On the other hand, I am perfectly willing to start a new category of reader who prefers IT specialists to hooters. (It may get onely in tha file, though.)

Thank you for reading Twisted Roads!

Fondest regards,

Jack Riepe said...

Dear DougBob:

It's still hard for me to realize there are folks with two first names woven into one, living as close by as Delaware... Gah Damn!

Michele Smith just left. We had a nice visit, during which I examined her for ticks. She split, visibly upset by Bregstein's crying. He blubbered for two hours because I locked him out in the driveway.

How do you know the size of Dick's tattoo?

Thank you for reading Twisted Roads, and for recommending it to your friends.

Fondest regards,

Jack Riepe said...

Dear Bobskoot:

Thank you for you kind note... But I am hardly a legend. That title goes to another blogger. I am more like a bad rumor.

I was rather hoping to meet you on your home turf — Saskastoon. Please comprise a list of suitable strip clubs that would support the dignity of a K75 parked outside. And when you check these places out, remember: no fatties.

Thank you for reading Twisted Roads and for making me your life coach.

Fondest regards,

Jack Riepe said...

Dear Gary France:

It was a very pleasant visit. My favorite part was when Chris repeatedly deferred to my broad experience as a wrench. I was never more honored than the moment he described me as "wrench in most machinery."

Regarding his penchant for riding in cold weather, I was rather shocked to hear him say that he'd resort to heated gear at 58ยบ (F). Then in a later phone call, he told me me he intended "to sleep in" one morning, "at least until the temperture rose from the 60's (F)."

I wondered if I had come face to face with the alien Chris, while the original had been beamed up to the mothership.

Thank you for readng Twisted Roads and for leaving a comment. I hope to meet you in person as well on your next trip. Have you ever been to Saskatoon?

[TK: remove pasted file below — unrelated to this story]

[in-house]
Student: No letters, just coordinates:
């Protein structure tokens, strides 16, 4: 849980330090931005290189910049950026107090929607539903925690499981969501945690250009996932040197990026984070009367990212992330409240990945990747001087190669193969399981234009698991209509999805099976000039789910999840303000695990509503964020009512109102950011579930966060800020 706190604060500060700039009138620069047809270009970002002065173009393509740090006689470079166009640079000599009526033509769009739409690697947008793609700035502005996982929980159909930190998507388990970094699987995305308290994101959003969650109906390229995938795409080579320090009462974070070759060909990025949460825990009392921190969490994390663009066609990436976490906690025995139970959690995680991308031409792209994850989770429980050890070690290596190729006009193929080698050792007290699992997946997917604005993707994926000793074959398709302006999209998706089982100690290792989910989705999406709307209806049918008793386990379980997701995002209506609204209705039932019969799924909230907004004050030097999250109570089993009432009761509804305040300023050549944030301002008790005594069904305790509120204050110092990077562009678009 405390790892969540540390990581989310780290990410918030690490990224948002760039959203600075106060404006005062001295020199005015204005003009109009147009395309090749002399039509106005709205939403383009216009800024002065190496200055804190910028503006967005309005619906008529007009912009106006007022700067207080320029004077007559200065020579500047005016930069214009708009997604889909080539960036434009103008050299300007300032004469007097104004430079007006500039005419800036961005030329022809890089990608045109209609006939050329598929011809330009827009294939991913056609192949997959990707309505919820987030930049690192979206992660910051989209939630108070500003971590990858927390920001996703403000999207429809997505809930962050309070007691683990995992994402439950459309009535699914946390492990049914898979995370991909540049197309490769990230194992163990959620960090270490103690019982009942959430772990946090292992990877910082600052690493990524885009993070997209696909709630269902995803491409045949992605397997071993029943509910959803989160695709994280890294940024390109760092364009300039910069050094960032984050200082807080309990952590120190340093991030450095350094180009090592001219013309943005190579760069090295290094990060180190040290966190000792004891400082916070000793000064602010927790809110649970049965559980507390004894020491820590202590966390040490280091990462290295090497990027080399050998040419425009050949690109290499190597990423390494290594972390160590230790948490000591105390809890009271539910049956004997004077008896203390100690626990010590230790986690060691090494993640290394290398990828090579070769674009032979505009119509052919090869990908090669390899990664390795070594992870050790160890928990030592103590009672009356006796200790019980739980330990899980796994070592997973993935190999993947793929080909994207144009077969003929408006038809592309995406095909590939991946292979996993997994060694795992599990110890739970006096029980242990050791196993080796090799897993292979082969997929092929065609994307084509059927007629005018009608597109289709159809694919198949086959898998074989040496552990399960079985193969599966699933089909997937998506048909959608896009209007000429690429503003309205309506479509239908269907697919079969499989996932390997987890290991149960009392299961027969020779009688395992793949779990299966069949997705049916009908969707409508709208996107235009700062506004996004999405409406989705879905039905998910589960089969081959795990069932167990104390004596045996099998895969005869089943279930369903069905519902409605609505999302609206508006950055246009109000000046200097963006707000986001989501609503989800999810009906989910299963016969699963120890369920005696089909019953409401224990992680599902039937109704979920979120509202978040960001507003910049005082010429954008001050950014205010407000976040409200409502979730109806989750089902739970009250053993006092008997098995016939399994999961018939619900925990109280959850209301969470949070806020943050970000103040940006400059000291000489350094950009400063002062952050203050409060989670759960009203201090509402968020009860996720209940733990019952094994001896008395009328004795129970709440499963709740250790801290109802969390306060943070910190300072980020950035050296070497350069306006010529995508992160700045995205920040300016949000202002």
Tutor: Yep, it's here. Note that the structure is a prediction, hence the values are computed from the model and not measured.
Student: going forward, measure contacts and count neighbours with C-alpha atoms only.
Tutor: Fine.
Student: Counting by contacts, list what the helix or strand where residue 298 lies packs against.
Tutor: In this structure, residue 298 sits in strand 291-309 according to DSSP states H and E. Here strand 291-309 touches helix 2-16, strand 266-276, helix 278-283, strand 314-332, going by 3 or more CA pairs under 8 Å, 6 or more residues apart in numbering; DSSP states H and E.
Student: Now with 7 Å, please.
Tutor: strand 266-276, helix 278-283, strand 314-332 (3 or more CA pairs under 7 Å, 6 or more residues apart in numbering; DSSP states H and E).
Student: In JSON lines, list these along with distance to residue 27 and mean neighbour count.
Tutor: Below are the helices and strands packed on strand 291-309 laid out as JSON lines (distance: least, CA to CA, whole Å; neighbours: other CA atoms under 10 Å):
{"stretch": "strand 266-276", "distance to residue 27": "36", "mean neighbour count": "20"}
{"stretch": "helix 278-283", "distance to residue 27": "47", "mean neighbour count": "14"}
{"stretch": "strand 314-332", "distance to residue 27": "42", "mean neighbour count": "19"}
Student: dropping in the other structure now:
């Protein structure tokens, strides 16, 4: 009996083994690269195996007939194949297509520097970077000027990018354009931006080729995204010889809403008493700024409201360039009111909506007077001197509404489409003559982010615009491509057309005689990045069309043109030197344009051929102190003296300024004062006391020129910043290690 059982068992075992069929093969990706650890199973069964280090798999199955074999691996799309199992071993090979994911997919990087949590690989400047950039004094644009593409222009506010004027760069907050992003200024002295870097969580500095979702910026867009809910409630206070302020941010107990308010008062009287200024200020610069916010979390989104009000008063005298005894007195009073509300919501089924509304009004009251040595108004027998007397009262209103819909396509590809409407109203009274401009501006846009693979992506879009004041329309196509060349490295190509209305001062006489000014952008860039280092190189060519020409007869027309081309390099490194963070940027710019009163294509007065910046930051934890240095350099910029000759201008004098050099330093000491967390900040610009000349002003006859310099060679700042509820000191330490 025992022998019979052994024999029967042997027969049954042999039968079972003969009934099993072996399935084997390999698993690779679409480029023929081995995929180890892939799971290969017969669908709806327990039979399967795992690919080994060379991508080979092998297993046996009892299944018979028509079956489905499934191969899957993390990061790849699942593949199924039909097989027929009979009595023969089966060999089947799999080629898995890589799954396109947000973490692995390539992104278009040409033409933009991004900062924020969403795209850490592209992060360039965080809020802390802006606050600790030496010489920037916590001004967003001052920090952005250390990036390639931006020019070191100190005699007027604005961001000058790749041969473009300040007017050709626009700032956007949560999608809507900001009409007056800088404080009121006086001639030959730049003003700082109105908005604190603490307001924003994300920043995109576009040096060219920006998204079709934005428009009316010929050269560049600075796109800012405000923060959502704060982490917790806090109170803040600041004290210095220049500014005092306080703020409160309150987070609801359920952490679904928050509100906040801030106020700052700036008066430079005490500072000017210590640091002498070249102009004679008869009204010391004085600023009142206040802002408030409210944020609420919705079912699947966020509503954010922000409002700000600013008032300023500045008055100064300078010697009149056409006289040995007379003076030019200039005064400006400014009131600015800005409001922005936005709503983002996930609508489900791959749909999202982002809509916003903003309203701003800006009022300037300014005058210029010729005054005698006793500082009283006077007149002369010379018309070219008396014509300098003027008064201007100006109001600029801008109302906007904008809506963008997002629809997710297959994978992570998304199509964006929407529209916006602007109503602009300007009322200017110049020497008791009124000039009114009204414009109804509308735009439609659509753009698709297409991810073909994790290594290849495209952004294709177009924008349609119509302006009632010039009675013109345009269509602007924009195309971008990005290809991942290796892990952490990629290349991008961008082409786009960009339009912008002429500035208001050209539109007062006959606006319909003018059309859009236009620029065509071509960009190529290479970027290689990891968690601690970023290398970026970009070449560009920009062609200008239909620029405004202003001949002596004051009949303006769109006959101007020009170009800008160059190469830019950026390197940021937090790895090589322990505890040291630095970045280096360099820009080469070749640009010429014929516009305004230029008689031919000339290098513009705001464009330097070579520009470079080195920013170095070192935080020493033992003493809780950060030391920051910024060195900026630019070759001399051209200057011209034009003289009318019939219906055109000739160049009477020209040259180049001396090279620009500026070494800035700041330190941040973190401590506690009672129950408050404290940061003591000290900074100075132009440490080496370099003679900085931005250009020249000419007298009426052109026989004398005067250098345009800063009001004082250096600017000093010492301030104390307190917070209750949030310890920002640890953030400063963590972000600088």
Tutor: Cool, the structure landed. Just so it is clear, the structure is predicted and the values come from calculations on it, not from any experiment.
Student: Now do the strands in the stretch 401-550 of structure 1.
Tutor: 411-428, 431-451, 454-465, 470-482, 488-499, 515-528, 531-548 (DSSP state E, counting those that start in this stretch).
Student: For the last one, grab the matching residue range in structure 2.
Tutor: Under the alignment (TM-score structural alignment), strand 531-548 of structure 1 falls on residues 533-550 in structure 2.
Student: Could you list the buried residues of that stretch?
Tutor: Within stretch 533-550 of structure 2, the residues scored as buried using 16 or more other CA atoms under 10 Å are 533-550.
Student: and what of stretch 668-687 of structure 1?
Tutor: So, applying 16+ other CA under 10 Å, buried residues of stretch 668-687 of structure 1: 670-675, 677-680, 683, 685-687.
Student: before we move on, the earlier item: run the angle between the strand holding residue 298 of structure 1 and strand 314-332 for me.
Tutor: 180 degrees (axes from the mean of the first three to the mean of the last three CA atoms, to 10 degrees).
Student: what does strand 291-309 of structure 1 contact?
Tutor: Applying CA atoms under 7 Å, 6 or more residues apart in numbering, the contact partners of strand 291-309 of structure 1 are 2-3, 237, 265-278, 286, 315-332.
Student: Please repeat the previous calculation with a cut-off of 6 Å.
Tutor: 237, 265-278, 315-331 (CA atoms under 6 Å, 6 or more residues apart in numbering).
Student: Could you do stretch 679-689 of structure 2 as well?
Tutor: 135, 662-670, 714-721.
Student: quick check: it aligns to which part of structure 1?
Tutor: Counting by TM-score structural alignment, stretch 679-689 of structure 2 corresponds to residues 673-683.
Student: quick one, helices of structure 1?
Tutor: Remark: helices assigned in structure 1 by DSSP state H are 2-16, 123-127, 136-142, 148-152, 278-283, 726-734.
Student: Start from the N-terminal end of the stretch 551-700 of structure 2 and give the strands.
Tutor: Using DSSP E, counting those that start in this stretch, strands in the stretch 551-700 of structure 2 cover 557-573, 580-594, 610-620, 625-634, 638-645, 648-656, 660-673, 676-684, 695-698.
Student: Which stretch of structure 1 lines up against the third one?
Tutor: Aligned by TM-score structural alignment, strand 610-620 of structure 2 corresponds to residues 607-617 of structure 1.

Fondest regards,

Jack Riepe said...

Dear RichardM:

In all fairness to Chris, I think I may have abbreviated his perils. The man is utterly fearless and regards challenge as the basic spice of any ride. It is my understanding that he may ride right out in the open during tonight's meteor shower.

Grubs could be meat, in which case he probably spits them out. I am going to plant millet in the yard against his next visit, so he'll have grain on the hoof, so to speak.

Thank you for reading Twisted Roads and for leaving a comment. It is my only comfort in life.

Fondes regards,

Jack Riepe said...

Dear Motoroz:

Before Chris left, I taught him the secret Twisted Roads handshake. I look forward to meeting you some day, and showing you the same ritual.

Thank you for reading Twisted Roads and for leaving a comment.

Fondest regards,

Chuck and the Pheebs said...

Dearest Jack -

As a reformed year round rider of air-cooled boxers, if you think for one nanosecond that I'm gonna pull a Beattie and show up on your doorstep, you're nucking futs. I prefer my testicles hanging low, not sucked up inside my body cavity as if to mimic prepubescence.

I'll meet you halfway, though - Michael's house. It's halfway between Key West and Marathon.


Jack Riepe said...

Dear Chuck and Pheebs:

Michael said I was welcome at his house anytime... But I had to limit my visit to 6 weeks. I plan to come around March, when the warmth of my engine will be appreciated in sleet-covered Tampa.

Thank you for reading Twisted Roads, and for embracing my life's philosophy for all it's worth.

Fondest regards,

Conchscooter said...

Please do show up. I will be away riding real motorcycles in Europe that decade but I will leave fresh ground coconuts and horse puckey for you and chuck to chew on.
I would pay Swiss francs to see ripe eat vegetarian for 24 Hours.

Jack Riepe said...

Dear Conch:

Do you have the Swiss Francs on you now?

Fondest regards,

Chris said...

Good post Jack. Thanks again for your hospitality! It was an enjoyable time. You're welcome anytime at our place in MN.

Everyday Riding

Jack Riepe said...

Dear Chris:

The pleasure was all mine... And I will take you up on your offer next year.

Fondest regards,

Nikos said...


So you had the old "burst brake line" excuse did you? - I suspect Chris did not want to get his pristine GS wet (I know the feeling).

I'm working up to the MOA post.

Best wishes from riot torn England, N

Chris said...

Nikos: I wouldn't call my GS pristine. That might involve washing it, and that takes away from valuable riding time.

Everyday Riding

Nikos said...

Hi Chris

I bet that all your engine paint isn't peeling off like mine?

Washing? Mine was washed once by a BMW workshop - shame they didn't spend the time doing the mechanical work that I had paid them lavishly for!


Chris said...

Nikos: mine is dented and scratched. the valve covers are pealing and the center stand mounts are rusty.

It's a GS. it's made to be dirty, dumped over, and scratched.

Everyday Riding

Bluekat said...

Ah, another blogger meet up - very cool!
I'm not sure if I've seen Chris' blog, so I have some exploring to do. Great write up on his ride. Gotta love those rainy, stormy, debris filled, rides.

Classic Velocity said...

Jack, I hope you bowed as is the custom before year-round riders from Minnesota. They are not mortal.